Government scientific advisors have urged Boris Johnson to strengthen lockdown measures to stop the new strain of coronavirus spreading across the UK.
Professor Robert West, a member of the Scientific Pandemic Insights Group on Behaviours (SPIGB) warned that current restrictions were “still allowing a lot of activity which is spreading the virus”.
The professor of health psychology at University College London said he and other experts believed the restrictions needed to be tightened.
“Because we have the more infectious variant, which is somewhere around 50 per cent more infectious than last time round in March, that means that if we were to achieve the same result as we got in March, we would have to have a stricter lockdown, and it's not stricter. It's actually less strict,” he told BBC News.
Meanwhile, Professor Susan Michie, who sits on the Scientific Advisory Group for Emergencies (Sage) said the current lockdown was “too lax”.
“It is definitely too lax, because if you think about it and compare ourselves with March, what do we have now?” she told BBC Radio 4’s Today programme.
“We have the winter season and the virus survives longer in the cold, plus people spend more time indoors and we know aerosol transmission, which happens indoors, is a very big source of transmission for this virus.
“And secondly we have this new variant which is 50 to 70 per cent more infectious. You put those two things together, alongside the NHS being in crisis, we should have a stricter rather than less strict lockdown than we had back in March.”
The UK’s death toll from coronavirus topped 80,000 since the start of the pandemic on Saturday following a further 1,035 deaths reported on the first day of the weekend.
The UK is one of the worst-hit countries in the world, with the US, Brazil, India and Mexico the only ones to record more coronavirus deaths.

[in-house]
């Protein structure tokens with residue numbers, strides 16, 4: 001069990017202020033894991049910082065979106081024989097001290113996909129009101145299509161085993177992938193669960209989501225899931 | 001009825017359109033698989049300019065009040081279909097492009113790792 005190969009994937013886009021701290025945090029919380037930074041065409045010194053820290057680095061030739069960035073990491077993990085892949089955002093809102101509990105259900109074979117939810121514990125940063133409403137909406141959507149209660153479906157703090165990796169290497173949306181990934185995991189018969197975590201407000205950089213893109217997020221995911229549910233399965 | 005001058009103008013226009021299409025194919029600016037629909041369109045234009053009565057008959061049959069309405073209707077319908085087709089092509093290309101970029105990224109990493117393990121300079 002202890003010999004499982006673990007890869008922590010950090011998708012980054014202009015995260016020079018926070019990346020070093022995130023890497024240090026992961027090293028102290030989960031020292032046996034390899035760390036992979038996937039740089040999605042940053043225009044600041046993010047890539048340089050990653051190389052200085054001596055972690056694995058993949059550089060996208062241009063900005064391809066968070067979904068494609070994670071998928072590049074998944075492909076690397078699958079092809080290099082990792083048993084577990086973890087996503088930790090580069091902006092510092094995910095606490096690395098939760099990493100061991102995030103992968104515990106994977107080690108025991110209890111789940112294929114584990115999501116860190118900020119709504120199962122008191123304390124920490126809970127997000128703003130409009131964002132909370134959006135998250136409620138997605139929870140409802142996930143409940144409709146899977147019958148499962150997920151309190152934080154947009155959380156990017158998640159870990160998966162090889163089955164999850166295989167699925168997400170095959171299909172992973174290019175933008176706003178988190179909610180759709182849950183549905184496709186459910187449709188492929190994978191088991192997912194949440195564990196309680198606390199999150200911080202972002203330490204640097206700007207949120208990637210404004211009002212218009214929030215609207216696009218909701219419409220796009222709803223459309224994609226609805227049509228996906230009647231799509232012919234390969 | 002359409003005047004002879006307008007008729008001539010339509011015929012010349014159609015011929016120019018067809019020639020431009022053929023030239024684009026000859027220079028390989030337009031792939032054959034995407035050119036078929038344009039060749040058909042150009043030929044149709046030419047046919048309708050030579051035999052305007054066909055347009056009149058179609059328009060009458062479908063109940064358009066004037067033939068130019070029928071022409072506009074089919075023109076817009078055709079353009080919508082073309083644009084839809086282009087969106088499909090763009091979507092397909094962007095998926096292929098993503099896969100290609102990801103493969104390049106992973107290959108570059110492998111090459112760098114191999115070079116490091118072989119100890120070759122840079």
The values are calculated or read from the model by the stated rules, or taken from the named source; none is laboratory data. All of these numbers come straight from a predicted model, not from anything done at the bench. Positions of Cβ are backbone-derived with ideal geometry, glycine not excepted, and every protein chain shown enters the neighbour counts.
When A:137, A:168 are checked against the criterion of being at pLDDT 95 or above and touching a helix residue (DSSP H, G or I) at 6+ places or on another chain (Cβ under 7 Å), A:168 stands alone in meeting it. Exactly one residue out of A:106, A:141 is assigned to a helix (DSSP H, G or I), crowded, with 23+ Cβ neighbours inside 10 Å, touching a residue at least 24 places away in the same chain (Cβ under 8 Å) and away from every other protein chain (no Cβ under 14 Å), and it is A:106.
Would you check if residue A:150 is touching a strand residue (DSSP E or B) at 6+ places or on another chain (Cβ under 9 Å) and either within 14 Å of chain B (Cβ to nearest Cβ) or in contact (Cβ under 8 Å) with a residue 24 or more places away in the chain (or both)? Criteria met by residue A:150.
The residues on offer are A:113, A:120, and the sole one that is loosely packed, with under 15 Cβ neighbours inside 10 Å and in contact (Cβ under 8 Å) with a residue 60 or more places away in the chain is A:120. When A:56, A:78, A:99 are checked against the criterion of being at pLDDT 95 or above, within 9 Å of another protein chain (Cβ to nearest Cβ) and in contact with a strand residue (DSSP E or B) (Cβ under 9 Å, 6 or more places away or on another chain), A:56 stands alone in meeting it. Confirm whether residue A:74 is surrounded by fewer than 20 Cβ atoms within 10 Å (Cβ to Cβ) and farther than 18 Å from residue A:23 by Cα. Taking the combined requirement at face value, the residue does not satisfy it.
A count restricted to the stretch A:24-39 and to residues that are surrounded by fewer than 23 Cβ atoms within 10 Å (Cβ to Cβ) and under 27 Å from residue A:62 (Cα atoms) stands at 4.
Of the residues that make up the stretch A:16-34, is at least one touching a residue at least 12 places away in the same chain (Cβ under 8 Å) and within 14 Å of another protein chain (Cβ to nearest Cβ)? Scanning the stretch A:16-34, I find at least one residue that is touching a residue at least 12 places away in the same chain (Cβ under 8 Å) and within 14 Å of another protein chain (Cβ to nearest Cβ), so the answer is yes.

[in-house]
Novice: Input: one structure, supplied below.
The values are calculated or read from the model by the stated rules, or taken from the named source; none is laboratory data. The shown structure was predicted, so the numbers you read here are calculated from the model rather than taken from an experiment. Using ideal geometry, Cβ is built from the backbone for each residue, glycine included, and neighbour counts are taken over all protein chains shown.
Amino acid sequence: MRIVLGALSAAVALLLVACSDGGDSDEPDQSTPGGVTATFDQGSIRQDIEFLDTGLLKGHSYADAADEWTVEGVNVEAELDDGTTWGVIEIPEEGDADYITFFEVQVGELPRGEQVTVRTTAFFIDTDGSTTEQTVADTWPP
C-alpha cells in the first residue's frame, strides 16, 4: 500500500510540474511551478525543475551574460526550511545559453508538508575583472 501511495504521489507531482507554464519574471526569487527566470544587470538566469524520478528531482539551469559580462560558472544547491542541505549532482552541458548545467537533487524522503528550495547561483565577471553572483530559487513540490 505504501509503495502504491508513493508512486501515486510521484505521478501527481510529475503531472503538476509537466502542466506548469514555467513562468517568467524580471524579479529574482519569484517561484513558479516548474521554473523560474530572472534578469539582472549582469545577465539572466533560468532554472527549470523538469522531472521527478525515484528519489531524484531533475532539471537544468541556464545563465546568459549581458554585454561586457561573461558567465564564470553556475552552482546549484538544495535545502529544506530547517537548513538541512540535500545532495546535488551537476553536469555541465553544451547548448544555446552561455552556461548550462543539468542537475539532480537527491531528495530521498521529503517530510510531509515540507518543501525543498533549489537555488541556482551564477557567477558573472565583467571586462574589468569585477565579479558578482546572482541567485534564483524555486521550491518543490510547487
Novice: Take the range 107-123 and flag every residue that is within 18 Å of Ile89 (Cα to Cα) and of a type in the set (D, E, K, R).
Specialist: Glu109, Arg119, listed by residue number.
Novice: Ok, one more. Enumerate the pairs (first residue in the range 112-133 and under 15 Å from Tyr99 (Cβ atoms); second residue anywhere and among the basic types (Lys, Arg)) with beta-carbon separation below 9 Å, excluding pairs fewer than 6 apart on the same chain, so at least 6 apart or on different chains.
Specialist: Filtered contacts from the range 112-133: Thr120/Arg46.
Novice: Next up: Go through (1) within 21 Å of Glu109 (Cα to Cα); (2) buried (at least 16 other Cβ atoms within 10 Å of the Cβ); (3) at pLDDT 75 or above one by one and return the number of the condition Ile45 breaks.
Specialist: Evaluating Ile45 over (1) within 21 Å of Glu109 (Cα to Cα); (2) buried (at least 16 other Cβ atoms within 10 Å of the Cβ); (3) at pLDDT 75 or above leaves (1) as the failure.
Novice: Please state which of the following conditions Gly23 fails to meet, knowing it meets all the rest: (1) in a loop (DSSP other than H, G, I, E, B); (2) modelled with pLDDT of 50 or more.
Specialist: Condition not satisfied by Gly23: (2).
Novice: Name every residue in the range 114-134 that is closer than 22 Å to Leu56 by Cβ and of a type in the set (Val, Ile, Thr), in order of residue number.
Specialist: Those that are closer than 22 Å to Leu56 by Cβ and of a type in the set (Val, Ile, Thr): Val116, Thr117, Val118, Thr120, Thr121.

The number of daily cases for people who tested positive for coronavirus also increased by 59,937.
Around 1 in 50 people in the UK are thought to currently have coronavirus, with the figure as high as 1 in 30 in London, according to the Office for National Statistics.
It comes as the government ramps up messaging around the virus, launching TV and radio advert campaign warning people to “act like you've got” the virus so as not to spread it.
Around 1 in 3 people infected with the virus do not have any symptoms and could pass it on without realising.
The adverts feature England’s chief medical officer Professor Chris Whitty solemnly warning of the dangers of the virus.
“It's really much, much more about support.”
A government spokesperson said: “Our priority from the outset has been to protect the NHS to save lives and we have taken advice from scientific and medical experts throughout.
“As new evidence has emerged, we have adapted our approach and taken swift action to try and stop the spread of the virus.
“We are now undertaking the biggest vaccination rollout in UK history, with over 1.5 million people already vaccinated, and continue to put in place measures to ensure NHS and social care services are available to anyone who needs them.”
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